Despicable Me 2
Animated sequel displays a canny grasp of what its young audience wants
Animated smash hit Despicable Me left its super-villain Gru a seemingly reformed character, the adoptive father to three small girls. Despicable Me 2 sees Gru adjusting to life as a suburban dad and recruited to thwart the villainy he once embraced. Pierre Coffin and Chris Renaud return at the helm for this colourfully chaotic sequel, with Steve Carell back as the voice of the lead character.
We rejoin Gru as he attempts to forge a name for himself as a purveyor of preserves. His efforts are somewhat scuppered when he's recruited as a spy for the Anti-Villain League (headed up by Steve Coogan's Silas Ramsbottom) and lumbered with a stringy sidekick Lucy (Kristen Wiig). The pair go undercover at the local mall as they hunt for the mastermind behind the theft of a transformative formula. Top of their list of suspects is restaurant owner Eduardo (Benjamin Bratt), who Gru notices bears an uncanny resemblance to deceased uber-crook, El Macho.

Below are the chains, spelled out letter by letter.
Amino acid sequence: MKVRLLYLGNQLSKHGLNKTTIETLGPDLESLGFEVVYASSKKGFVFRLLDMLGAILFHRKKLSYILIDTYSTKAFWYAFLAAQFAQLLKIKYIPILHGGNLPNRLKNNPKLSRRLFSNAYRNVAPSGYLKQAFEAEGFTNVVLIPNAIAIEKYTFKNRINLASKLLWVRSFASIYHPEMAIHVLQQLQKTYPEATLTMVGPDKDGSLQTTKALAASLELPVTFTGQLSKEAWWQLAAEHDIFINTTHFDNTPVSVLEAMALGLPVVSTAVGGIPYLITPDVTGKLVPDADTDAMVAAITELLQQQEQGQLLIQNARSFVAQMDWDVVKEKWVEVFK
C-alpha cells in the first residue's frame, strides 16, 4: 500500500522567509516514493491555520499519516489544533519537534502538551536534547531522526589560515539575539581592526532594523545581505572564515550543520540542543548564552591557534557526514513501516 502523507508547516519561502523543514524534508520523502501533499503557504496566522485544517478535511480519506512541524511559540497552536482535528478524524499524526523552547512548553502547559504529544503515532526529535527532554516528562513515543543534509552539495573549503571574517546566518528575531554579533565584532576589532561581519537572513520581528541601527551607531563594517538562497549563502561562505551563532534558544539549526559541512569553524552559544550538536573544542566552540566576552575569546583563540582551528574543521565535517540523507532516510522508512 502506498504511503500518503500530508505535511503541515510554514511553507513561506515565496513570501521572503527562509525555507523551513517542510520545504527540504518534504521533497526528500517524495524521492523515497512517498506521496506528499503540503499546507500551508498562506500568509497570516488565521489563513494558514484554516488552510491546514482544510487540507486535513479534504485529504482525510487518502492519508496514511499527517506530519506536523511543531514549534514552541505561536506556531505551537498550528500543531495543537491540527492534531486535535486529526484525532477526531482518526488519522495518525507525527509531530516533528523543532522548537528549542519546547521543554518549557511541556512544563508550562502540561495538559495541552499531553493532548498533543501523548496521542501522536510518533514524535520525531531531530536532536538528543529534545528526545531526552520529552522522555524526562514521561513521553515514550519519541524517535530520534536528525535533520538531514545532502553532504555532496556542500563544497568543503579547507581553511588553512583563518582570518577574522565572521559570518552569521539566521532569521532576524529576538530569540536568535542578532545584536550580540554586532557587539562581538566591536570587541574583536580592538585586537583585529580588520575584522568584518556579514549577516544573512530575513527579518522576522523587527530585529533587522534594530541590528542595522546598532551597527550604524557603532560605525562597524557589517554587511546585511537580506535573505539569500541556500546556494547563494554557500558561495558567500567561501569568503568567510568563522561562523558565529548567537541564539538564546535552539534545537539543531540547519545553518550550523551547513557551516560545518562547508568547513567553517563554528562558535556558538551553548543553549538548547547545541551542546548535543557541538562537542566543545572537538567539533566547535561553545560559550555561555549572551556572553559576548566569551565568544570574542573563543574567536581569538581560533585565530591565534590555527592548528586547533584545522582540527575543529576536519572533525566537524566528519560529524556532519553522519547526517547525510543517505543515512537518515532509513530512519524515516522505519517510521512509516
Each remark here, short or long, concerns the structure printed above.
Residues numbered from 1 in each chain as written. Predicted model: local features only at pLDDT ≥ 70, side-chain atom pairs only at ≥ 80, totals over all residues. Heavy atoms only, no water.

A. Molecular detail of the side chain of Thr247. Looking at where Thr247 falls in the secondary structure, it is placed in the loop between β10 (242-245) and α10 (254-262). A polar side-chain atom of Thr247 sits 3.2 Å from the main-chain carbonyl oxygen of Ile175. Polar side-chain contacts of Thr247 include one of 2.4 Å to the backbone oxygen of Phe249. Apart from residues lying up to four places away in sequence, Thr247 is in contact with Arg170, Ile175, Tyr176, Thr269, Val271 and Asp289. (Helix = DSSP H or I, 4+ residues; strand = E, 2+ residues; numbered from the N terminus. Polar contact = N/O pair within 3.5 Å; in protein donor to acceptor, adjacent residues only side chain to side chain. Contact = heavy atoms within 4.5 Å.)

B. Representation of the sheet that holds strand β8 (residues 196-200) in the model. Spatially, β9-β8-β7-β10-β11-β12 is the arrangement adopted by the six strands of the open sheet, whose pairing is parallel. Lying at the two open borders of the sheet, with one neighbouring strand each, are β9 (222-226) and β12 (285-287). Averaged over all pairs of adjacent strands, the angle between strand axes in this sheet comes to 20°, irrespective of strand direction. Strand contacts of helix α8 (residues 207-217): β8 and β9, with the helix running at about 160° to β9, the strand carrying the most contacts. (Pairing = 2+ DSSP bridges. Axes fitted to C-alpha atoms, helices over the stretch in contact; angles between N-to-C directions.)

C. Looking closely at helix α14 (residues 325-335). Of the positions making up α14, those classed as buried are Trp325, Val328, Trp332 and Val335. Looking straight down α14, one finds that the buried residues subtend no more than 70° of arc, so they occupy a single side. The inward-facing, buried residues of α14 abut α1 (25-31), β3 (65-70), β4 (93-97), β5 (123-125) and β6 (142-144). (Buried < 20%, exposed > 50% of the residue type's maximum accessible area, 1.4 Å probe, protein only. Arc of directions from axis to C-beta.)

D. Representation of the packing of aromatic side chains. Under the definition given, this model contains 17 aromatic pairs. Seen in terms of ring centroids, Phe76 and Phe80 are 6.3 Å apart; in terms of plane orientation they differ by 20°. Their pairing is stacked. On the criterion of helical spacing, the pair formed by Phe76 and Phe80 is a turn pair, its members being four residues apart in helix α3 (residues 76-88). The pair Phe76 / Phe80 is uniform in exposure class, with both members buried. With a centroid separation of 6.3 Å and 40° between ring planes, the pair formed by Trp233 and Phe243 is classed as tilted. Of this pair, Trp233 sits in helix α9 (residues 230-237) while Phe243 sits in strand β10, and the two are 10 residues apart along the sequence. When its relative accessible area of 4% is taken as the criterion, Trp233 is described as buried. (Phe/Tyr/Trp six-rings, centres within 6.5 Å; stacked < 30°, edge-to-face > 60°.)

The first film was a winning combination of nasty and nice and there's plenty to like here too. It's exuberantly animated and employs 3D to fun effect. While the script won't split the sides of anyone over ten, Despicable Me 2 boasts ample anarchic energy, disguising the fact that in terms of story and ideas, it's hardly stretching itself. There's lots more screen time for the mischievous minions - voiced by the directors themselves, speaking an entertaining mishmash of languages and gibberish. Carell is reliably terrific, Wiig and Bratt have their moments but Russell Brand is again weak as Dr Nefario and Ken Jeong is wasted as a suspicious wig salesman. But ultimately kids will love it, so if Despicable Me 2 feels like little more than spectacular silliness, it's hard not to admire a film with such a canny grasp of what its young audience wants.
General release from Fri 28 Jun.